What does today’s executive need to know? How should he or she proceed in managing through a time of great change? James M. Kerr’s new book, The Executive Checklist: A Guide for Setting Direction and Managing Change is designed to help answer those questions. In this showcase of a business transformation philosophy wrought over 20 years of consulting work, Kerr presents an astonishingly comprehensive set of lists and examples for the situations faced by today’s senior executive. And while the format of the book implies a methodological approach to management, Kerr emphasizes the human factor of character as the first prerequisite of success: Leadership. This is a book written to inform and inspire leaders in all industries, but it is perhaps especially relevant for IIR readers as Kerr – himself an IIR contributor – has spent the lion’s share of his two-decade career working within the insurance industry, with industry leading companies such as AXA Financial, The Hartford, Aetna and Mitsui Sumitomo, among others.
Insurance Innovation Reporter: Surely nobody gets to the executive stage without having checklists of their own, perhaps many of them. What does your book add to what the typical executive already knows?
James M. Kerr: Well, we have entered a new commercial age, and the tips and tricks that worked in the past may no longer have resonance. The maturity of SCAM – social, cloud, analytics and mobile – technologies, coupled with a more discerning, less patient consumer has led us to a place in time where the business models from the past that relied heavily on size and leverage will no longer deliver returns. Regulatory restructuring, the emergence of Gen Y workforce and the call for transparency only make an Executive’s life more challenging. So, I wrote The Executive Checklist as a way to introduce a fresh set of ideas and approaches to address these newly emerging challenges.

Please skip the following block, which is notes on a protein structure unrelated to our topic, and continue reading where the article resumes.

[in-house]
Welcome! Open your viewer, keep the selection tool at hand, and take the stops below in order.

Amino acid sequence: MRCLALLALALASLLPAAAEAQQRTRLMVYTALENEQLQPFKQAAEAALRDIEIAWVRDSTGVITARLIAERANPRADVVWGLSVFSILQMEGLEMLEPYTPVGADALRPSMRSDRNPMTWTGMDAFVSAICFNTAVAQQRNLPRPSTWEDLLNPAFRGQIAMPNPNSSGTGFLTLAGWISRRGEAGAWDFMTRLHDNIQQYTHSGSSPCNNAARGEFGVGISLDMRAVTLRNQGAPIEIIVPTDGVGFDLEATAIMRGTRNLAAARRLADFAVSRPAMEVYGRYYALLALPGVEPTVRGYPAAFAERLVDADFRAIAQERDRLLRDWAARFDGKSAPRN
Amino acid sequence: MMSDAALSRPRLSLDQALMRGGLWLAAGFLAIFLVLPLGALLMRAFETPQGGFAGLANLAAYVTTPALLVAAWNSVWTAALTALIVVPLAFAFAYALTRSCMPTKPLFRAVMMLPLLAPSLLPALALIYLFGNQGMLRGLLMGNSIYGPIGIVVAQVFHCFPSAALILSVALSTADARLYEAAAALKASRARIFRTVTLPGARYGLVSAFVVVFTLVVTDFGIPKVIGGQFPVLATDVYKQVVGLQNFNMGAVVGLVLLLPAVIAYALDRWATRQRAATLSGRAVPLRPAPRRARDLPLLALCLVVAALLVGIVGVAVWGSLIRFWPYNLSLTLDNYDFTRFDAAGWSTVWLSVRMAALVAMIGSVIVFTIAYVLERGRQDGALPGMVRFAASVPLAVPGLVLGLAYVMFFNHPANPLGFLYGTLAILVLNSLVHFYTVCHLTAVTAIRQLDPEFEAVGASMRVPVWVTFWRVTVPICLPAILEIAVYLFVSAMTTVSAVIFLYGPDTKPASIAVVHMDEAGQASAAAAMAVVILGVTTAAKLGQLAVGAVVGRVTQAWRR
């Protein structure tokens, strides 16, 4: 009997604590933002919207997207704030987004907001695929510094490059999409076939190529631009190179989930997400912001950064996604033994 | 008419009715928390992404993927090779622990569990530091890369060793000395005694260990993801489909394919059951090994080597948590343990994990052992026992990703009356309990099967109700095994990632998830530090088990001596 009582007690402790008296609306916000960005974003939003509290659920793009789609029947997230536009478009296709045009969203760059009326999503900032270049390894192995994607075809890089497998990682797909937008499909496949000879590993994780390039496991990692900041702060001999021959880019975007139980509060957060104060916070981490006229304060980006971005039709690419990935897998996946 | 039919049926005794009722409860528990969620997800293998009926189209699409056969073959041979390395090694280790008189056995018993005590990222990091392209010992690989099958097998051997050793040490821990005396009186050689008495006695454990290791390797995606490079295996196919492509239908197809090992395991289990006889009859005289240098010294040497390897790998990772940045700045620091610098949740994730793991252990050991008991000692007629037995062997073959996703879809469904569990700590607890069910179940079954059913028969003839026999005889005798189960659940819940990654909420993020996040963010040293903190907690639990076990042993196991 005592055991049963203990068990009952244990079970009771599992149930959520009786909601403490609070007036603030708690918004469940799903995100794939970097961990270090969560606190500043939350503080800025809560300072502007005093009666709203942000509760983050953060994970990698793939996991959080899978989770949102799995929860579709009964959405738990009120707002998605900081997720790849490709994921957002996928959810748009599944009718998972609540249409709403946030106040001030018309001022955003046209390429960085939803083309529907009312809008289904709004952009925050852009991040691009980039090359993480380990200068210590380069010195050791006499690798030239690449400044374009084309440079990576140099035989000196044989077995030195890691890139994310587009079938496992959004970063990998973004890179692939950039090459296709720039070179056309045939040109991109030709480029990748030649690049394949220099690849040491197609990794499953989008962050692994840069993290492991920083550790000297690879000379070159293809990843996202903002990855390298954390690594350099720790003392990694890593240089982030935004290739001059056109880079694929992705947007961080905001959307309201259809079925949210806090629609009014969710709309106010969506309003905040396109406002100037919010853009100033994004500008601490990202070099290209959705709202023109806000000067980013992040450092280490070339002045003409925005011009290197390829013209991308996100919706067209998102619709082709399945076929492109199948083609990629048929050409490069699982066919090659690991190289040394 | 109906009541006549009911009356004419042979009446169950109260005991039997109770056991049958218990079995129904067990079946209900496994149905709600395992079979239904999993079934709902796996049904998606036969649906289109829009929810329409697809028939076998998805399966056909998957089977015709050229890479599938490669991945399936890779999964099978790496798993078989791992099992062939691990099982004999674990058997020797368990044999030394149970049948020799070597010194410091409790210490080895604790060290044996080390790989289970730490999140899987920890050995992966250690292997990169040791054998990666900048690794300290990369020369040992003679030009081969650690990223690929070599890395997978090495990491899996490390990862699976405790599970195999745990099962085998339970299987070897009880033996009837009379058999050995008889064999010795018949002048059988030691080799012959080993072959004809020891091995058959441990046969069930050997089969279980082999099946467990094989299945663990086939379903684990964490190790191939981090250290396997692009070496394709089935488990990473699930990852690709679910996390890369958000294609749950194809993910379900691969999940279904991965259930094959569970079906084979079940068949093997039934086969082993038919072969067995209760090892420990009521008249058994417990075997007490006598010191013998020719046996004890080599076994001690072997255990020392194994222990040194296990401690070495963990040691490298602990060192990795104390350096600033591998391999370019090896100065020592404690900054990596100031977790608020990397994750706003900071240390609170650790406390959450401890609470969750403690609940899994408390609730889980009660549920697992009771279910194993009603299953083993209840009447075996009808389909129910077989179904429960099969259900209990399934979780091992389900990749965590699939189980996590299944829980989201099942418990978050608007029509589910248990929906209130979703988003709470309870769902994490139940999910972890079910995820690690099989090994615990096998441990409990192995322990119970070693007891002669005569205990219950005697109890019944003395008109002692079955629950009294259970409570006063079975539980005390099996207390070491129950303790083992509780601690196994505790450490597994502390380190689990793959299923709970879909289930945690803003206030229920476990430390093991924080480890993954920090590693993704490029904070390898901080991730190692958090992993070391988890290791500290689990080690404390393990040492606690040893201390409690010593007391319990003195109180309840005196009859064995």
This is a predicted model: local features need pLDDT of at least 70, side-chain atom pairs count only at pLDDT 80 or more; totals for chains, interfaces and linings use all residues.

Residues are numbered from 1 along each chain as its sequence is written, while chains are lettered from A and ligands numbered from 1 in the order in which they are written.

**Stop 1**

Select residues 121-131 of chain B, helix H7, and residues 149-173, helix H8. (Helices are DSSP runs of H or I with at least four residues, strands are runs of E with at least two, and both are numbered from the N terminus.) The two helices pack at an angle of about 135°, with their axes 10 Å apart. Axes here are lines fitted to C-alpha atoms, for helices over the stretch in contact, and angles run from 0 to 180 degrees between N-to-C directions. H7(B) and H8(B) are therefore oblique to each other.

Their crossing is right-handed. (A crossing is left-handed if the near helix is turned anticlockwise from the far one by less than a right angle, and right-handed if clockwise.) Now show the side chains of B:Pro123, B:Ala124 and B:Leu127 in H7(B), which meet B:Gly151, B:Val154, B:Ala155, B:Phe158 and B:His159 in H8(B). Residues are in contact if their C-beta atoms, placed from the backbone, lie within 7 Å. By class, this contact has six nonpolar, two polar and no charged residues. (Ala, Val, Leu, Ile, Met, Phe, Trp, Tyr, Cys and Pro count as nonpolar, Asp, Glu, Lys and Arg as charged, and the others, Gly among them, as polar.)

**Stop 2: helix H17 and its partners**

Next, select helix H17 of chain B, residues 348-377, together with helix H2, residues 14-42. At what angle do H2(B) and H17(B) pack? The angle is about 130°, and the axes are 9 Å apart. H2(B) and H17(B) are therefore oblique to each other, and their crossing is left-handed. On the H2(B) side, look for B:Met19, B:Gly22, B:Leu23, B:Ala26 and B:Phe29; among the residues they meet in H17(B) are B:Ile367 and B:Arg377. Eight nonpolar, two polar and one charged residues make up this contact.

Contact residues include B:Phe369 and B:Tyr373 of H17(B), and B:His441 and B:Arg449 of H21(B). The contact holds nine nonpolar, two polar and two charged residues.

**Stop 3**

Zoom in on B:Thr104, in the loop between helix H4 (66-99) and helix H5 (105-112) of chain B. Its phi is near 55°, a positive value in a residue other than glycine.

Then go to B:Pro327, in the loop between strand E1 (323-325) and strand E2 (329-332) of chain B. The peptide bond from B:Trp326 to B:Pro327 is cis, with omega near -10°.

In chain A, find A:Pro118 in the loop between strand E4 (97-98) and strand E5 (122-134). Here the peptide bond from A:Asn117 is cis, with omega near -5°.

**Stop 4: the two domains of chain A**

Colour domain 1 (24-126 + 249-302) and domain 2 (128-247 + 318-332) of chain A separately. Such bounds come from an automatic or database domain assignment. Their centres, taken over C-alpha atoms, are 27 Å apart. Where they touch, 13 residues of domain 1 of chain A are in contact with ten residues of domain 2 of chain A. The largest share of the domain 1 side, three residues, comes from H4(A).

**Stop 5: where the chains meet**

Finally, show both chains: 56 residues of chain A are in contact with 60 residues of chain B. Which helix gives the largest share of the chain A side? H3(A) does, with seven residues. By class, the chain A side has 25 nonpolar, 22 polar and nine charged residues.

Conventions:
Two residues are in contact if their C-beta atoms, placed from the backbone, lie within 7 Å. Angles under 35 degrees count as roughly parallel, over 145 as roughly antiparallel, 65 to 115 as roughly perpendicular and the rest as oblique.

IIR: Do you see your book as a kind of reference work then? How should readers use your book?
JK: First and foremost, The Executive Checklist presents a business transformation philosophy. But its format lends itself to easy reference, too. The checklist layout allows the reader to skip to the chapters that most interest them and to explore the ideas related to a particular checklist topic. The sidebars sprinkled throughout each chapter provide important examples from industry that fortify the checkpoints presented.
IIR: Apart from the sheer breadth of topics in the book, The Executive Checklist is also designed as a kind of guide for managing change. Did you intend it as a kind of “innovator’s manual”?
JK: There is no doubt; innovation has to be a kind of core competency for executives during a time of change. From that perspective, The Executive Checklist can be seen as an innovator’s manual. It is chock full of ideas about how to shift an organization to a more innovative culture – one that leverages new ideas and instills creative thinking into all that it does.
IIR: The Executive Checklist is clearly also about something beyond competency. Your first two chapters are about leadership, and later chapters have a strong leadership component.
JK: John Quincy Adams once said, “If your actions inspire others to dream more, learn more, do more and become more, you are a leader.” The book is very much about reminding us of these facts, and, offering suggestions about how to be that kind of leader.
IIR: You say that CIOs need to “Define Where Technology Fits”; what do you mean, and how would you apply that specifically to insurance CIOs?